It turns out, those amazing claims about the heart health benefits of fish oil and omega 3 fatty acids weren't wrong. They were just off base and it turns out that benefits are likely only realized in people whose bodies have adapted to processing the healthy fat, according to a study published in the journal Science last Friday.

The Inuit, Greenland's native people, ate what the sea and tundra would give them: some seals, some whales, a few berries and a ton of fish. Over time, the Inuit adapted to their arctic digs and their physiology changed as well -- they became shorter and thinner.

The study was conducted by researchers from the University of California Berkeley, Greenland and Denmark who analyzed the genomes of 161 Greenlanders and compared them to those of 60 Europeans.

After analysing membrane lipids, the team of scientist concluded that a group of alleles, alternative forms of genes, was modulating the fatty acid make up of the Inuit.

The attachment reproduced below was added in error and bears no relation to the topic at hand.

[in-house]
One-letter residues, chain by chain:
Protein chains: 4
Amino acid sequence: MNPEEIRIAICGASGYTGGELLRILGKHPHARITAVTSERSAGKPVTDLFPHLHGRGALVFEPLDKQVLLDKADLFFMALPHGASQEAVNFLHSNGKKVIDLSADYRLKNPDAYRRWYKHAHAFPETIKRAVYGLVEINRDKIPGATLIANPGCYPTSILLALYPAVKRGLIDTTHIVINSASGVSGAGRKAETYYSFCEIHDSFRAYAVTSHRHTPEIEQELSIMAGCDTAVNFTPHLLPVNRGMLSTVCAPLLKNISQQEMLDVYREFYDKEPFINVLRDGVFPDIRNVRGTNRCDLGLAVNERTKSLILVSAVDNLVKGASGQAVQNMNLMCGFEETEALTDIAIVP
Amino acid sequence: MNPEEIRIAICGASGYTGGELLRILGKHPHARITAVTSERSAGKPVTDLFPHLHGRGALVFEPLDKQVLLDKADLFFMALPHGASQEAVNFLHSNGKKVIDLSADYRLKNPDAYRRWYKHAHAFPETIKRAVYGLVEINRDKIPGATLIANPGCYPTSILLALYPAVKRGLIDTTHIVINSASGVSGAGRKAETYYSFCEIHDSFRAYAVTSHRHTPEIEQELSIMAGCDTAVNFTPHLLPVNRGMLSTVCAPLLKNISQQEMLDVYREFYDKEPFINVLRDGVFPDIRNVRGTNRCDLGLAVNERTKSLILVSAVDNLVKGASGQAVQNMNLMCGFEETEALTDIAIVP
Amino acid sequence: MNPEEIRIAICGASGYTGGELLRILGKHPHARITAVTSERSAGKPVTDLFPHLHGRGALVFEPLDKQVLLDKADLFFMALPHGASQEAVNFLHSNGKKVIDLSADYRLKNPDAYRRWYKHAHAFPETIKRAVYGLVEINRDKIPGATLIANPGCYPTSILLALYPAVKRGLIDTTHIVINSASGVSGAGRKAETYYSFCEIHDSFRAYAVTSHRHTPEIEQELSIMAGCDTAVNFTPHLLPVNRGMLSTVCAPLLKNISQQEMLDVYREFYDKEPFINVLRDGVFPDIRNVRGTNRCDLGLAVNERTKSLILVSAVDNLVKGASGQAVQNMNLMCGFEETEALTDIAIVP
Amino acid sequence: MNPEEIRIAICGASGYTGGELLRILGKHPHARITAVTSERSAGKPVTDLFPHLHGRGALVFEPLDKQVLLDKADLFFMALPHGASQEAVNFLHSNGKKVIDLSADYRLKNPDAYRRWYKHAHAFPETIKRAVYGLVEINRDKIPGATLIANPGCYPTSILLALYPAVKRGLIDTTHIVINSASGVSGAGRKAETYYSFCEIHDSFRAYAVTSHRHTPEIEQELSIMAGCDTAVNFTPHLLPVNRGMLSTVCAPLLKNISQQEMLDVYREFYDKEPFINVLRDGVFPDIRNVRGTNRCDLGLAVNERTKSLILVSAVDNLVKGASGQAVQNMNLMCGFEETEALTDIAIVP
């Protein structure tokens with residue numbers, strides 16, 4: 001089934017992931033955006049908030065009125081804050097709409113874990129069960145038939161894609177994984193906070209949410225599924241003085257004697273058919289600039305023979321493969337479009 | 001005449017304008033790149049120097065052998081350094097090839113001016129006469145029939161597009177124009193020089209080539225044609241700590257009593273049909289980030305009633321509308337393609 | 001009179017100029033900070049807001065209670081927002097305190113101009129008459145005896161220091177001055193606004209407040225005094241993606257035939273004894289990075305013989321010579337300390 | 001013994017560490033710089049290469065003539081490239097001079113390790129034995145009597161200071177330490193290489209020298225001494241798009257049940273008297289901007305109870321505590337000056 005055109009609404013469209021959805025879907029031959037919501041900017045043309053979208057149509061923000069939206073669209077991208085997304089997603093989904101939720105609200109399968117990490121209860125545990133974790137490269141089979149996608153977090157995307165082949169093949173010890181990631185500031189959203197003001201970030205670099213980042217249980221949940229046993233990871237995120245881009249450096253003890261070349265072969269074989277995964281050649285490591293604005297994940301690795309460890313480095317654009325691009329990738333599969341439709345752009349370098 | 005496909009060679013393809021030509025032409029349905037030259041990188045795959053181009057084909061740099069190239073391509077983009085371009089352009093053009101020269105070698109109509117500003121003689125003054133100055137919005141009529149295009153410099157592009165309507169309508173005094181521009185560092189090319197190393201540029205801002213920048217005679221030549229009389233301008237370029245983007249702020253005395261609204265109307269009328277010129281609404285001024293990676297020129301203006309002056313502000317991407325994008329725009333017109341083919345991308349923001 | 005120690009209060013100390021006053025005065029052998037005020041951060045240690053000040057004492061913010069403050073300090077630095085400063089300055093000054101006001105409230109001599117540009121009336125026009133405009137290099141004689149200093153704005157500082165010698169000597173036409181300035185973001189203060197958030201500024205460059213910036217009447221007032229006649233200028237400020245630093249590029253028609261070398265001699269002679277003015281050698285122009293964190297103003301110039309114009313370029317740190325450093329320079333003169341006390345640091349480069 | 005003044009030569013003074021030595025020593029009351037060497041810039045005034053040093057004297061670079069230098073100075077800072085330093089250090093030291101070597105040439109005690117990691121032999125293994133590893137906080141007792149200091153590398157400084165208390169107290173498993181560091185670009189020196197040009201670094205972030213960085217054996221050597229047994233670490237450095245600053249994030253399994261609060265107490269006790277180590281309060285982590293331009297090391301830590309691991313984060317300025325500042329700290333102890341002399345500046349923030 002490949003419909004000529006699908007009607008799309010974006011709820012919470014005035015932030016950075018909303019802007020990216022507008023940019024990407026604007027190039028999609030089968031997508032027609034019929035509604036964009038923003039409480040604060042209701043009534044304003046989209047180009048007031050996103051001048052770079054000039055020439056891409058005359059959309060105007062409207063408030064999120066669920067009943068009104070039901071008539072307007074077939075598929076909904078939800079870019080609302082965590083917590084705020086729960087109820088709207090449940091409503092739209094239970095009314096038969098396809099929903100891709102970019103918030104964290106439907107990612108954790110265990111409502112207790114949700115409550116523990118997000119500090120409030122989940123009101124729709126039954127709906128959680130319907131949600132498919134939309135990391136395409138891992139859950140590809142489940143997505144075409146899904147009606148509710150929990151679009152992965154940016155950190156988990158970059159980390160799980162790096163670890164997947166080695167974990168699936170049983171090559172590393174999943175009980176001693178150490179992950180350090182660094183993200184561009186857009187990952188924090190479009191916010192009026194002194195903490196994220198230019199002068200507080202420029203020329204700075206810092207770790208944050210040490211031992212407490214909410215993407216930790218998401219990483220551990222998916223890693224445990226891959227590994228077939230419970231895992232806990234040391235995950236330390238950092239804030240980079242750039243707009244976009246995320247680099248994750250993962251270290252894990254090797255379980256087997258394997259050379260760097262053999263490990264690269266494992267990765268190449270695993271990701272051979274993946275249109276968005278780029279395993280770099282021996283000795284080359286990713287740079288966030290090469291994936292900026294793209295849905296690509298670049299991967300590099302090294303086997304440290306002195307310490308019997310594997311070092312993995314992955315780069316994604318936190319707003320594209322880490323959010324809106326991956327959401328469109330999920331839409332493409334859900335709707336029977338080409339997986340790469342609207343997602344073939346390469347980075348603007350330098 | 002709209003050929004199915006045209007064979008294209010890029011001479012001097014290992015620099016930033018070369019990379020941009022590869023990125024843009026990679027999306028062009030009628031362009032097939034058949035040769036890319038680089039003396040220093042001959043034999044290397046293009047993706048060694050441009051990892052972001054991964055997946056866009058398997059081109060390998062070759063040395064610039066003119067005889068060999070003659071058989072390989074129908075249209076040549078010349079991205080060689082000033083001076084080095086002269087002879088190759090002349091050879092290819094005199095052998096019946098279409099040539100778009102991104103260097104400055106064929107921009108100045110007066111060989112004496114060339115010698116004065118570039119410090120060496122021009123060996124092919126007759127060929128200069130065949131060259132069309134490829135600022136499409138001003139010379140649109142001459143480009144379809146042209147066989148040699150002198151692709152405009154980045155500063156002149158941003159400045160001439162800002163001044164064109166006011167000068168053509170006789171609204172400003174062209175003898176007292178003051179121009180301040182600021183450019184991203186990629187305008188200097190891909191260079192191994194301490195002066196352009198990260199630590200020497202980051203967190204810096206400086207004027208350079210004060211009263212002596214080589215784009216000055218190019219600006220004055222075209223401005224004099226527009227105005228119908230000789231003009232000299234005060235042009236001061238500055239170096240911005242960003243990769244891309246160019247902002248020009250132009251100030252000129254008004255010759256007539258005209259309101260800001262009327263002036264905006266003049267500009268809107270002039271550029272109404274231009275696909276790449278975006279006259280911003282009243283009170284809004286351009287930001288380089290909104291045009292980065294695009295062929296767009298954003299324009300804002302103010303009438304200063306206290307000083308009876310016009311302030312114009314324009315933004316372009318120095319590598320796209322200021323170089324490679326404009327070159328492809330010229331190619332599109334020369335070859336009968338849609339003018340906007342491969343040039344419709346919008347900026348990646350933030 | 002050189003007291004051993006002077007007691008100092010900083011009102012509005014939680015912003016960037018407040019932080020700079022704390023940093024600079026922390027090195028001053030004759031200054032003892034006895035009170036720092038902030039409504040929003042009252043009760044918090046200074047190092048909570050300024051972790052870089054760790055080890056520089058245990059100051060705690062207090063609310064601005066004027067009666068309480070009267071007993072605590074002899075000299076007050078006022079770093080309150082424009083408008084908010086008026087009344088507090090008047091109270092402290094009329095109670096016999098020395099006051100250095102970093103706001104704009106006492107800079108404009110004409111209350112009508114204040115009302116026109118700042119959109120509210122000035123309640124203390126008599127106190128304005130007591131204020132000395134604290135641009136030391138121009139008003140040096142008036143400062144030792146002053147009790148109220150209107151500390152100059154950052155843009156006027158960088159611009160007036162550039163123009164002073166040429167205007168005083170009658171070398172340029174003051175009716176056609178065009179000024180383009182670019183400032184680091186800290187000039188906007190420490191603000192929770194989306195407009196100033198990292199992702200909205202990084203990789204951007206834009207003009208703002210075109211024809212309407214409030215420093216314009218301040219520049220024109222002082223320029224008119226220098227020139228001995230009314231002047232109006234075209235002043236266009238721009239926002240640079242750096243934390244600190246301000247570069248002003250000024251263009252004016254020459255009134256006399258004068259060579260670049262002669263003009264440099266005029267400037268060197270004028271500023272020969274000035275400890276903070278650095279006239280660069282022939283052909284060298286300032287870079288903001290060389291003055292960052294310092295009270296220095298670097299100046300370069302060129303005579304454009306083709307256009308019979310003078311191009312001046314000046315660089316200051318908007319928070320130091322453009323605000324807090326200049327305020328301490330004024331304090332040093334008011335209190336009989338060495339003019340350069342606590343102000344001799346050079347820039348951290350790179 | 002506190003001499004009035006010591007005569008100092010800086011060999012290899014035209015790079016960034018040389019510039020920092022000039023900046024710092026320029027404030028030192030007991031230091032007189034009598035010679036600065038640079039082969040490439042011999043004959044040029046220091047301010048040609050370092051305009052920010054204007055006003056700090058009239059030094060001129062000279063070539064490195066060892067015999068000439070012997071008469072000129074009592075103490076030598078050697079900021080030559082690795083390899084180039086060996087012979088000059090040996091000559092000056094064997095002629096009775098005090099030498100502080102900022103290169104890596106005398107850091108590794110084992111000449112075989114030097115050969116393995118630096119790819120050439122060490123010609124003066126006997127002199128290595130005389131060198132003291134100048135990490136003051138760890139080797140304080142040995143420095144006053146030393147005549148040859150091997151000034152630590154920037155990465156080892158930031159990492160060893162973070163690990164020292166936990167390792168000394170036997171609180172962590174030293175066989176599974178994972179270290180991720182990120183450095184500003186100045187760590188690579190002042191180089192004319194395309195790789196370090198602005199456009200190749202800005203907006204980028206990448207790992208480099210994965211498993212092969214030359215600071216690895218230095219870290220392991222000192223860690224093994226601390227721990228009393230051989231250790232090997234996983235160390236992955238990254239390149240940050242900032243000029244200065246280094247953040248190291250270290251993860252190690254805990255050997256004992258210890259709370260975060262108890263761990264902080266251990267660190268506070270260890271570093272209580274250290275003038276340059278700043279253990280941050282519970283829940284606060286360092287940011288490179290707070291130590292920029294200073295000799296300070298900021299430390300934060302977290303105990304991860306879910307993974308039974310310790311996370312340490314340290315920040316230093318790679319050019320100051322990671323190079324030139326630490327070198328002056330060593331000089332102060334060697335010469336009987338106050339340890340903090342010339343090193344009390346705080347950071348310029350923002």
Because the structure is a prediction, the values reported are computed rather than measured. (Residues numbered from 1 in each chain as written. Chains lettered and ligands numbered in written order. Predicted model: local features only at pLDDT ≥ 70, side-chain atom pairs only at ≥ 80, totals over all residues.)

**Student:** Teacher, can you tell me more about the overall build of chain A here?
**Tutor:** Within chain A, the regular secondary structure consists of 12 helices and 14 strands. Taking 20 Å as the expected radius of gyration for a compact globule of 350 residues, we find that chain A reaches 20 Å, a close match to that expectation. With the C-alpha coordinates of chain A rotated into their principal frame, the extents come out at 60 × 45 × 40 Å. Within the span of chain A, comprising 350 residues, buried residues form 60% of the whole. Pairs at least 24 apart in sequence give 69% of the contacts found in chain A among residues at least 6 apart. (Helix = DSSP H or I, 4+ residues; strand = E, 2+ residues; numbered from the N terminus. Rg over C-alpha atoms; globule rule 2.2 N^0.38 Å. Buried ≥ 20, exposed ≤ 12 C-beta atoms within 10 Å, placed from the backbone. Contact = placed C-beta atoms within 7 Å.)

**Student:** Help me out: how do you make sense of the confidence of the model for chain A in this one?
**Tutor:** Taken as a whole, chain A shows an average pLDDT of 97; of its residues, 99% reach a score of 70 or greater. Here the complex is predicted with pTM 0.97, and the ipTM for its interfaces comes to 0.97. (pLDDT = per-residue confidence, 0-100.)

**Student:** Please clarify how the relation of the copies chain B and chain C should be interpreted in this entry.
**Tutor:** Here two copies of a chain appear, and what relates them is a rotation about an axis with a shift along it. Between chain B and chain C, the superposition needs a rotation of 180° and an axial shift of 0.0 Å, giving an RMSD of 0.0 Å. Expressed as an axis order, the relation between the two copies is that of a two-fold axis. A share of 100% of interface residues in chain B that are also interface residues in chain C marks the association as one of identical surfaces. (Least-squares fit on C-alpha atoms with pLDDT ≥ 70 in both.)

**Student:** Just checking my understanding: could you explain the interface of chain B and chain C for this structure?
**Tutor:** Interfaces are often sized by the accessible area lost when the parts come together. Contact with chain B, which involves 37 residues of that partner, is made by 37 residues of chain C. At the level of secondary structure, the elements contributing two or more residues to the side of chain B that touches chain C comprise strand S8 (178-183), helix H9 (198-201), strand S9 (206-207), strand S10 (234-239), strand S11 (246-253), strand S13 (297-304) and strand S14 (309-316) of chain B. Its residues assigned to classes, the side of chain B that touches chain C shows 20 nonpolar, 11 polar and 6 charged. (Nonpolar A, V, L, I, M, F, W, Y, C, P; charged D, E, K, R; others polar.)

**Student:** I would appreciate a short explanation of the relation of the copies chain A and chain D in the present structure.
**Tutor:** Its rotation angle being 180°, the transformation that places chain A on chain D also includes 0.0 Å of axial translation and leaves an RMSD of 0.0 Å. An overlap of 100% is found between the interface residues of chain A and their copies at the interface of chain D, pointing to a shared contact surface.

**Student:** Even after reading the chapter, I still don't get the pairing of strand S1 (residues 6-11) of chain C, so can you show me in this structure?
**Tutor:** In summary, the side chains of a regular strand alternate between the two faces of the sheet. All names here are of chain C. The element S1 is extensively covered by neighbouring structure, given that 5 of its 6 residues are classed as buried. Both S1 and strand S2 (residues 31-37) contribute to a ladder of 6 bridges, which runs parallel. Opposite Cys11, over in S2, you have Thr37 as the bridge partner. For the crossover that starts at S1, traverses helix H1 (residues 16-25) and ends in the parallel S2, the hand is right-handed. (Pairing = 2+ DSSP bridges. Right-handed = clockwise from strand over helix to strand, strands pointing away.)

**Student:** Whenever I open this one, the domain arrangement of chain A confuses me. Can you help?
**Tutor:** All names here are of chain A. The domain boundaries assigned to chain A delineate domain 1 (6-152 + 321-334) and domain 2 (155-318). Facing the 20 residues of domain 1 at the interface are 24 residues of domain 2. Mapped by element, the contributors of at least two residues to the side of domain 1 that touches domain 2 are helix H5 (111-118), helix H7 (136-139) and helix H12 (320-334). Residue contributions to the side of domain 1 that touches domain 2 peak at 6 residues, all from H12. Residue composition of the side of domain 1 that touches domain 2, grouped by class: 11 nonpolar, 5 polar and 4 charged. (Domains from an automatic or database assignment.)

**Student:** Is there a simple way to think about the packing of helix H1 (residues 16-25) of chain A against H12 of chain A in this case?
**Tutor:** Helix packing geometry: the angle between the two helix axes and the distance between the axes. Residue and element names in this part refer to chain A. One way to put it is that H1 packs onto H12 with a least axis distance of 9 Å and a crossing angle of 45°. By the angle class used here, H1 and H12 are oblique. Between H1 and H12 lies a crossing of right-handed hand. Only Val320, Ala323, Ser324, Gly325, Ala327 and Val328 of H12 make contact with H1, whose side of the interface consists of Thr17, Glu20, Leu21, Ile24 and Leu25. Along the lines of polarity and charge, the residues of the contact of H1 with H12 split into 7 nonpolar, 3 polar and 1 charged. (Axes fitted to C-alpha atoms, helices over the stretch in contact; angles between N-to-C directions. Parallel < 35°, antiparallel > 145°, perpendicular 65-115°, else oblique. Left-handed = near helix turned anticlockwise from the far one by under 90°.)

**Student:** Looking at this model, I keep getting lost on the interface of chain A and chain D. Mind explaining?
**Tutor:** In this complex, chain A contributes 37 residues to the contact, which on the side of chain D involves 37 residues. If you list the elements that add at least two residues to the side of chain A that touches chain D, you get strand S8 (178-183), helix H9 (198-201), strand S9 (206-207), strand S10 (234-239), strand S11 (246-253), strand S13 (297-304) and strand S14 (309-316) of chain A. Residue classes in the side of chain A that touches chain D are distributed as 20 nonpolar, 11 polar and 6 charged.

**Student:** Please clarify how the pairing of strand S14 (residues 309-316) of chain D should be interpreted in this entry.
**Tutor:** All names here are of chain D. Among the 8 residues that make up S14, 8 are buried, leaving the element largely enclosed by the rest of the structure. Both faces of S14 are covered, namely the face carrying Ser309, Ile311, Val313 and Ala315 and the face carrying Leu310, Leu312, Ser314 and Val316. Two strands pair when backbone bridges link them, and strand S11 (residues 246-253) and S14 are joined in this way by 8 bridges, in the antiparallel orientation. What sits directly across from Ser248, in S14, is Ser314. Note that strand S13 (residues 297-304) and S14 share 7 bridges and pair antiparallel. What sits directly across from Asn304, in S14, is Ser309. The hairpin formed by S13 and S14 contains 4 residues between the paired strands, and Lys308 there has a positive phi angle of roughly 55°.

The researchers found that "have found signs of selection for genetic variants in fat metabolism, not just for promoting heat-producing brown fat cells but also for coping with the large amounts of polyunsaturated fatty acids found in their seafood diet," according to the study's editor.

The findings are some of the most conclusive evidence that populations of people have adapted for specific diets, according to Rasmus Nielsen, leader of the project and a professor of integrative biology at UC Berkeley.

"People ask themselves whether they should be on a Stone Age diet, for example," said Nielsen. "The response may well depend on their genome."

Interest in omega-3 fatty acids originally came from research into the Inuit, Nielsen pointed out. The Inuit seem to have a relatively low occurrences of heart disease, which ran counter intuitive to their heavy intake of fat, he said.

"We've now found that they have unique genetic adaptations to this diet, so you cannot extrapolate from them to other populations," Nielsen said. "A diet that is healthy for the Inuit may not necessarily be good for the rest of us."

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